In Europe, cryptography became (secretly) more important as a consequence of political competition and religious revolution. For instance, in Europe during and after the Renaissance, citizens of the various Italian states the Papal States and the Roman Catholic Church included were responsible for rapid proliferation of cryptographic techniques, few of which reflect understanding (or even knowledge) of Alberti’s polyalphabetic advance. ‘Advanced ciphers’, even after Alberti, weren’t as advanced as their inventors / developers / users claimed (and probably even themselves believed). They were regularly broken. This over-optimism may be inherent in cryptography for it was then, and remains today, fundamentally difficult to accurately know how vulnerable your system actually is. In the absence of knowledge, guesses and hopes, as may be expected, are common.

Cryptography, cryptanalysis, and secret agent/courier betrayal featured in the Babington plot during the reign of Queen Elizabeth I which led to the execution of Mary, Queen of Scots. An encrypted message from the time of the Man in the Iron Mask (decrypted just prior to 1900 by tienne Bazeries) has shed some, regrettably non-definitive, light on the identity of that real, if legendary and unfortunate, prisoner. Cryptography, and its misuse, were involved in the plotting which led to the execution of Mata Hari and in the conniving which led to the travesty of Dreyfus’ conviction and imprisonment, both in the early 20th century. Fortunately, cryptographers were also involved in exposing the machinations which had led to Dreyfus’ problems; Mata Hari, in contrast, was shot.

Outside of Europe, after the end of the Muslim Golden Age at the hand of the Mongols, cryptography remained comparatively undeveloped. Cryptography in Japan seems not to have been used until about 1510, and advanced techniques were not known until after the opening of the country to the West beginning in the 1860s. During the 1920s, it was Polish naval officers who assisted the Japanese military with code and cipher development.

It wasn’t until the 19th century that cryptographers developed anything more than ad-hoc approaches to either encryption or cryptoanalysis. Examples include Charles Babbage’s Crimean War era work on the mathematical cryptanalysis of polyalphabetic ciphers, redeveloped and published somewhat later by the Prussian Friedrich Kasiski. The understanding of cryptography at this time typically consisted of hard-won rules of thumb; eg, Auguste Kerckhoffs’ cryptographic writings in the latter 19th century. Edgar Allan Poe used systematic methods to solve ciphers in the 1840s. In particular he placed a notice of his abilities in the Philadelphia paper Alexander’s Weekly Express Messenger, inviting submissions of ciphers, of which he proceeded to solve almost all. His successes created a public stir lasting several months. He later wrote an essay on methods of cryptography which proved useful as an introduction for the novice Room 40 British cryptanalysts attempting to break German codes and ciphers during World War I, and in a famous story, “The Gold Bug”, in which cryptoanalysis featured prominently.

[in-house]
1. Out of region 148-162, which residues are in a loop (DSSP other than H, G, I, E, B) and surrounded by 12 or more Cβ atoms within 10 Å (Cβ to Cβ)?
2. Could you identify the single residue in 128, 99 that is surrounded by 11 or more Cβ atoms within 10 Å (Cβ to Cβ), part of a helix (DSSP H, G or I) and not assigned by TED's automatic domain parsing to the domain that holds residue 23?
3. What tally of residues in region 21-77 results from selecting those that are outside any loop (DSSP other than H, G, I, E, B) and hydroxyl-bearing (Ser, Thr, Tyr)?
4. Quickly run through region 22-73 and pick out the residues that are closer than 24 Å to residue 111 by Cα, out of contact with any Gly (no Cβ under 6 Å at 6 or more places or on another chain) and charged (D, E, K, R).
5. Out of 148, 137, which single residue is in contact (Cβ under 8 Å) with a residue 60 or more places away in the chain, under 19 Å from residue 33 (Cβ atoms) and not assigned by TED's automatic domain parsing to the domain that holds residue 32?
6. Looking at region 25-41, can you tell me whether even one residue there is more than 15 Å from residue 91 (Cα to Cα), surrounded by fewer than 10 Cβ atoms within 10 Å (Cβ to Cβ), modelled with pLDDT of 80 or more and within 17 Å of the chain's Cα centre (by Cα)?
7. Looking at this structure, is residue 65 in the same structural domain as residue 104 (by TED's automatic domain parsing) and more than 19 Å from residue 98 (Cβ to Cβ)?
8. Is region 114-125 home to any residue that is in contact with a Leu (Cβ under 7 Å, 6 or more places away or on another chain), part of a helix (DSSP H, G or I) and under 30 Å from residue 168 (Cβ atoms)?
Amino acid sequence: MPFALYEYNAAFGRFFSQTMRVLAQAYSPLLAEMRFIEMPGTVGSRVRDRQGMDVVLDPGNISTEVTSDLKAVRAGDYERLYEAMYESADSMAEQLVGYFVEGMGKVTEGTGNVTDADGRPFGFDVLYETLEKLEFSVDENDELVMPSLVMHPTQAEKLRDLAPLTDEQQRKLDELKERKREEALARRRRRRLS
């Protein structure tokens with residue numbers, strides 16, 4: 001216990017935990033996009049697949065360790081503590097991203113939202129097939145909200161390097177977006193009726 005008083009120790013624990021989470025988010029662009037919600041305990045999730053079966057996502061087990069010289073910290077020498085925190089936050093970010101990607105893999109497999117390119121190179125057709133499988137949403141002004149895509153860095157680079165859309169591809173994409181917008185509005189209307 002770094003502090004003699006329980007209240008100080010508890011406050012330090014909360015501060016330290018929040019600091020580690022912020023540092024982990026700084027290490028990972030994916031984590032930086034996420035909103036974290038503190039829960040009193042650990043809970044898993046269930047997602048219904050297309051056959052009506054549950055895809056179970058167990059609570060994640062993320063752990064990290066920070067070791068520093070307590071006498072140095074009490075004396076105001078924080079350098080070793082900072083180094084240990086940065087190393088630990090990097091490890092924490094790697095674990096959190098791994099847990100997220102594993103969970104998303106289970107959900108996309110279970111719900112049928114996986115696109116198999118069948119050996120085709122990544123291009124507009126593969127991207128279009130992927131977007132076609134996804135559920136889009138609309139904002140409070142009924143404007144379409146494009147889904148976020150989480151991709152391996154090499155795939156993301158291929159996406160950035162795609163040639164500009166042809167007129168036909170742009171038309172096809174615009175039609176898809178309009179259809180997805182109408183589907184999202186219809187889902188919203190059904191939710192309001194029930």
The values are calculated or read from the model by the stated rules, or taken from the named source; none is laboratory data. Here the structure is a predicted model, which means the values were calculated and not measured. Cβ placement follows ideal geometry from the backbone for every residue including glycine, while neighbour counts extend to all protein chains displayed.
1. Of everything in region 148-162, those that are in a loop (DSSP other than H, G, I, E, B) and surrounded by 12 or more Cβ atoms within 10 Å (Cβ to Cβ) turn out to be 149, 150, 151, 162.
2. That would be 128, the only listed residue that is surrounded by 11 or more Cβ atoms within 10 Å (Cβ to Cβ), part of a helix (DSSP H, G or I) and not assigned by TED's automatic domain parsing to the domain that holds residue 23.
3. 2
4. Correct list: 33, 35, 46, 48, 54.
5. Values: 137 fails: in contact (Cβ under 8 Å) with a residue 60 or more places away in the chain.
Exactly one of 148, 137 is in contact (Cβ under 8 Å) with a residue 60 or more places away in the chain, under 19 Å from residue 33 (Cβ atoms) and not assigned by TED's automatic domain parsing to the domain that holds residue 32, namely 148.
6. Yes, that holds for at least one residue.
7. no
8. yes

Around 1854, Charles Babbage, developed the method of statistical analysis by which he successfully decrypted messages encrypted by the Vigenere square. Unfortunately, due to his habit of not completing the paperwork, or possibly to protect the fact that because of his work Britain could decrypt Vigenere messages sent in the Crimea, this fact was not discovered until the twentieth century. The honour of developing the statistical attack technique and cracking Vigenere was to go to the Prussian Kasiski in 1863, this technique having since been termed the “Kasiski Test”.

In 1917, Gilbert Vernam proposed a teletype cipher where a previously-prepared key, kept on a paper tape, is combined character by character with the plaintext message to produce the output ciphertext. This led to the development of the one time pad and to the use of electromechanical devices known as cipher machines.

Both cryptography and cryptoanalysis have become far more mathematical since WWII. Even so, it has taken the wide availability of computers and the Internet as a communications medium, to bring effective cryptography into common use by anyone other than national governments or similarly large enterprises.

The Enigma machine was widely used by Nazi Germany; its cryptanalysis by the Allies provided vital Ultra intelligence. By World War II, mechanical and electromechanical cipher machines were in wide use, although where such machines were impractical manual systems continued in use. Great advances were made in both cipher design and cryptanalysis, all in secrecy. Information about this period has begun to be declassified as the official British 50-year secrecy period has come to an end, as U.S. archives have slowly opened, and as assorted memoirs and articles have appeared.